File - bridgebuilders trust network

Overcoming the Effects
of Climate Change
James Renwick
Victoria University of Wellington
[email protected]
Bridgebuilders 7th International Consultation 5 April 2014
Carbon dioxide concentration:
controls the amount of heat the atmosphere absorbs
Typical maximum during interglacials
(Lüthi et al.,2008, NOAA)
The atmospheric concentrations of carbon dioxide,
methane, and nitrous oxide have increased to levels
unprecedented in at least the last 800,000 years.
Climate Response
Accumulation of heating
Based on Nuccitelli et al. (2012)
Ice Melt: Greenland
Ice Melt: Antarctica
Sea level rise
1901-2010: 1.7 mm/yr
1993-2010: 3.2 mm/yr
Sea level rise
Trend, 1993-2012 from satellite data
Surface temperature change
© IPCC 2013
Annual average
Each of the last three decades has been successively warmer at the
Earth’s surface than any preceding decade since 1850.
In the Northern Hemisphere, 1983–2012 was likely the warmest 30year period of the last 1400 years (medium confidence).
Many extremes have changed
Phenomenon and direction of trend
Assessment that changes occurred
Fewer cold days and nights
Very likely
More hot days and nights
Very likely
Increases in frequency and/or duration of
heat waves
Medium confidence on a global scale
Likely in large parts of Europe, Asia and
Increase in the frequency, intensity, and/or Likely more land areas with increases
amount of heavy precipitation
than decreases
Increases in intensity and/or duration of
Low confidence on a global scale
Likely changes in some regions
Increases in intense tropical cyclone
Low confidence in long term
(centennial) changes
Increased incidence and/or magnitude of
extreme high sea level
Likely (since 1970)
Source: SPM Table 1
© IPCC 2013
The future
Global surface temperature change for the end of the
21st century is likely to exceed 1.5°C relative to
1850−1900 for all scenarios except RCP2.6.
Total emissions and total warming
© IPCC 2013
Limiting climate change will require substantial and sustained
reductions of greenhouse gas emissions.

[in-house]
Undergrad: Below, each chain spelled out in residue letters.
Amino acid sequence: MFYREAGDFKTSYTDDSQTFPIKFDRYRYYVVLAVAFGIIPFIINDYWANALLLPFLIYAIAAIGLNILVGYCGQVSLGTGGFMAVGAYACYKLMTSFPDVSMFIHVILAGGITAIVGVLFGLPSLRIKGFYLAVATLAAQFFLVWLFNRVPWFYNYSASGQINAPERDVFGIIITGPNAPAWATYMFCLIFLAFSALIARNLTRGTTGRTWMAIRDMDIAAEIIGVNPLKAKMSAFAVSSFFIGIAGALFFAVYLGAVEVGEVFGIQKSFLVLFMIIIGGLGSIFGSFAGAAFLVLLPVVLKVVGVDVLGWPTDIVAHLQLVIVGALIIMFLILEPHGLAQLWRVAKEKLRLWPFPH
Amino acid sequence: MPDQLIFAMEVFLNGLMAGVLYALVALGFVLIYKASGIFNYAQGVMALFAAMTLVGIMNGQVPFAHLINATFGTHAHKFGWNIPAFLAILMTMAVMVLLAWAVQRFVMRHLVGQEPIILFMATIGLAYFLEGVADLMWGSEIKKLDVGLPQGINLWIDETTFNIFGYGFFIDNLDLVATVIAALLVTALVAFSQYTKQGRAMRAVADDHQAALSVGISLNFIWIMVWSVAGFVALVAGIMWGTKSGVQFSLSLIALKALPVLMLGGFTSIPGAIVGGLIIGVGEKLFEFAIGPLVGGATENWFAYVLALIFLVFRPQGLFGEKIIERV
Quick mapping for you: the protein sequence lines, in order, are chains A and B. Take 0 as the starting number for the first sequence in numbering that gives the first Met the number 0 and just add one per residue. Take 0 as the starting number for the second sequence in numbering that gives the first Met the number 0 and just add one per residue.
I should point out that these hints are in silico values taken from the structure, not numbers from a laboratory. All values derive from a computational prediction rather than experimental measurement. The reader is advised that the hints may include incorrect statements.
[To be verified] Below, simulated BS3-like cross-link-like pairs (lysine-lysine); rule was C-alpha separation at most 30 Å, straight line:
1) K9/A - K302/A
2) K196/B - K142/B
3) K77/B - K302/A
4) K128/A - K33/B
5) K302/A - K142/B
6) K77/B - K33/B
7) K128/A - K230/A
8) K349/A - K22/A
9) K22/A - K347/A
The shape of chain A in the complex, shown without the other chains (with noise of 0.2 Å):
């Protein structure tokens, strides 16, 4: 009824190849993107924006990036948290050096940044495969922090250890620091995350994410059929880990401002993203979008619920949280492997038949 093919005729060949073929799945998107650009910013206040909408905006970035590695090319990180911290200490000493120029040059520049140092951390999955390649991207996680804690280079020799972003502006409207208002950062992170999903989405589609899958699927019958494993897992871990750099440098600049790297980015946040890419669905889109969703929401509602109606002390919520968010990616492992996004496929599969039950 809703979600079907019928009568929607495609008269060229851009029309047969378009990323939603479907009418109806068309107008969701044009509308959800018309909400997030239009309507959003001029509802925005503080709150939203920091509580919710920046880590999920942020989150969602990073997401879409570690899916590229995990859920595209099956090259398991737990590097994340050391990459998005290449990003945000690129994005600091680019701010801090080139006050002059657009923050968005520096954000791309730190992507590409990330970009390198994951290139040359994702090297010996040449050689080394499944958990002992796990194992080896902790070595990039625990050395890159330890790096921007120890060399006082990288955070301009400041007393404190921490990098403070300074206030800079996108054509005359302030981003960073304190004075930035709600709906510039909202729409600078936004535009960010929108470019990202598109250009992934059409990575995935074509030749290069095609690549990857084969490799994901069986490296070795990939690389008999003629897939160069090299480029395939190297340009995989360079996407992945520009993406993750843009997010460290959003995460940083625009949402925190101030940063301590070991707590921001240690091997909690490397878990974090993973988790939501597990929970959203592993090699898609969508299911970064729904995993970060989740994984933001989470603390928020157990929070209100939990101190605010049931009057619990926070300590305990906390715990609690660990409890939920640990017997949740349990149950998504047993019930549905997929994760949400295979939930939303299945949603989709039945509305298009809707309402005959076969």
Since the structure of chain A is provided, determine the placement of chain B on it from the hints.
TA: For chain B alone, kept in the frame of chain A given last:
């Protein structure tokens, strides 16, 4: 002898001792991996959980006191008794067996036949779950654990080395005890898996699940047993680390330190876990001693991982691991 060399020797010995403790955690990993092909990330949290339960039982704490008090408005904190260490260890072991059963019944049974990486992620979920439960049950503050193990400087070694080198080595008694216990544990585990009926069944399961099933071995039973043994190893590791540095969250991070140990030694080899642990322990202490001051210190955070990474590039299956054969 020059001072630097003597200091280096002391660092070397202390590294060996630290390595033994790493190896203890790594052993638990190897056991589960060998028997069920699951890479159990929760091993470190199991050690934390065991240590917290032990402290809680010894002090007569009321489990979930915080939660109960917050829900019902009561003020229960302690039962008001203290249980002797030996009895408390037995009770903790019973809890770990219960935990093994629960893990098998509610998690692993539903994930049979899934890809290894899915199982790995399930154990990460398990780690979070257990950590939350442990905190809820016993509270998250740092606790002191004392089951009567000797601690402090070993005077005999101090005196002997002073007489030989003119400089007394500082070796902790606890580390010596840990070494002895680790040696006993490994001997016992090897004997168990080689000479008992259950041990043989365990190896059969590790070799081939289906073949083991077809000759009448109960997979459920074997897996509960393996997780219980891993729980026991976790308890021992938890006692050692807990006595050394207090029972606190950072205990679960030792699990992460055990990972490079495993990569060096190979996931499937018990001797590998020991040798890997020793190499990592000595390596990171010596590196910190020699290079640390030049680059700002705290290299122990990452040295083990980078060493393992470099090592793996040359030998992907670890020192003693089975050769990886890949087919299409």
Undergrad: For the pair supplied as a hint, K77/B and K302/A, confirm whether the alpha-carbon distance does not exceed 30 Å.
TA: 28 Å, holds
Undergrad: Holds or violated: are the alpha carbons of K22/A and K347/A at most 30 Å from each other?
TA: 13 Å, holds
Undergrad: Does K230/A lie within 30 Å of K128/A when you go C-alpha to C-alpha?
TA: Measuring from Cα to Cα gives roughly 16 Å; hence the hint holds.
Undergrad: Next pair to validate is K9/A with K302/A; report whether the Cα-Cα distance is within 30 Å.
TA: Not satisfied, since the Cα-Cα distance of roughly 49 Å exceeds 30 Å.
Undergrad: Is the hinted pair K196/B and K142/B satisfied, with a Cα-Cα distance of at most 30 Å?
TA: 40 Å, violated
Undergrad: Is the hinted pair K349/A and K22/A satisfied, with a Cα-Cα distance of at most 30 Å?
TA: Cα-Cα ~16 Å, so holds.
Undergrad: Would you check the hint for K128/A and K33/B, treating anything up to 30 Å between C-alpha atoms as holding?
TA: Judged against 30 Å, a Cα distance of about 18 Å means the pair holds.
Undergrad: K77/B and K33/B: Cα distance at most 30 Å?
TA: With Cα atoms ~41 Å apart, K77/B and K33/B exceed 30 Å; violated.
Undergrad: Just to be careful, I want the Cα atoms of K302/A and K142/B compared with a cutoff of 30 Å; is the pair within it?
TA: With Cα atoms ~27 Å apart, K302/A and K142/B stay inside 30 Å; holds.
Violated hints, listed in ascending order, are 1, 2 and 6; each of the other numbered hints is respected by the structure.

Model global projections: 2081-2100
• More moisture in the air
• Bigger rainfall variability, stronger monsoons
• Wet wetter, dry drier
• Increase in extremes: Heavy rain, wind, storms...
• Ocean Acidification: Big risks for marine food webs…
Temperature change: 100 years
Rainfall change: 100 years
Sea Level Rise
• Between 60cm & 1m
– Depending on emissions
– Plus/minus 20cm
• NZ add +10%
• Possible range (NZ)
– 55cm to 1.3m by 2100
– 10m commitment?
Coastal inundation
10cm SLR = triple the risk
The frequency of coastal inundation world-wide likely increases
by 100 to 1000 times with ~50cm SLR (by 2100) –
Annual events become daily events
100-year events occur every few months
Tropical cyclone occurrence
Courtesy of Howard Diamond, NOAA/U. Auckland
• Future location and occurrence may not
change much
– Intensity likely to increase
Legacy issues
• ‘Business as usual’ to 2100 likely to lead to 6-10°C
of global temperature rise (next 500 years)
– Melting of Greenland and West Antarctic ice sheets
• Commitment over ~1,000 yr, recovery over ~10,000 yrs
– Sea level rise of 10-20 metres
– A climate not seen for millions of years
• Billions of people at risk
• Concerted mitigation efforts can avoid this
– Zero emissions by 2100, preferably sooner
• Human influence on the climate system is clear
• Climate change will persist for many centuries,
even if carbon dioxide emissions are stopped.
• Projected warming by 2100:
– For RCP8.5
– For RCP2.6
About as likely as not to exceed 4°C
67% probability to stay below 2°C
• We have a choice
Thank You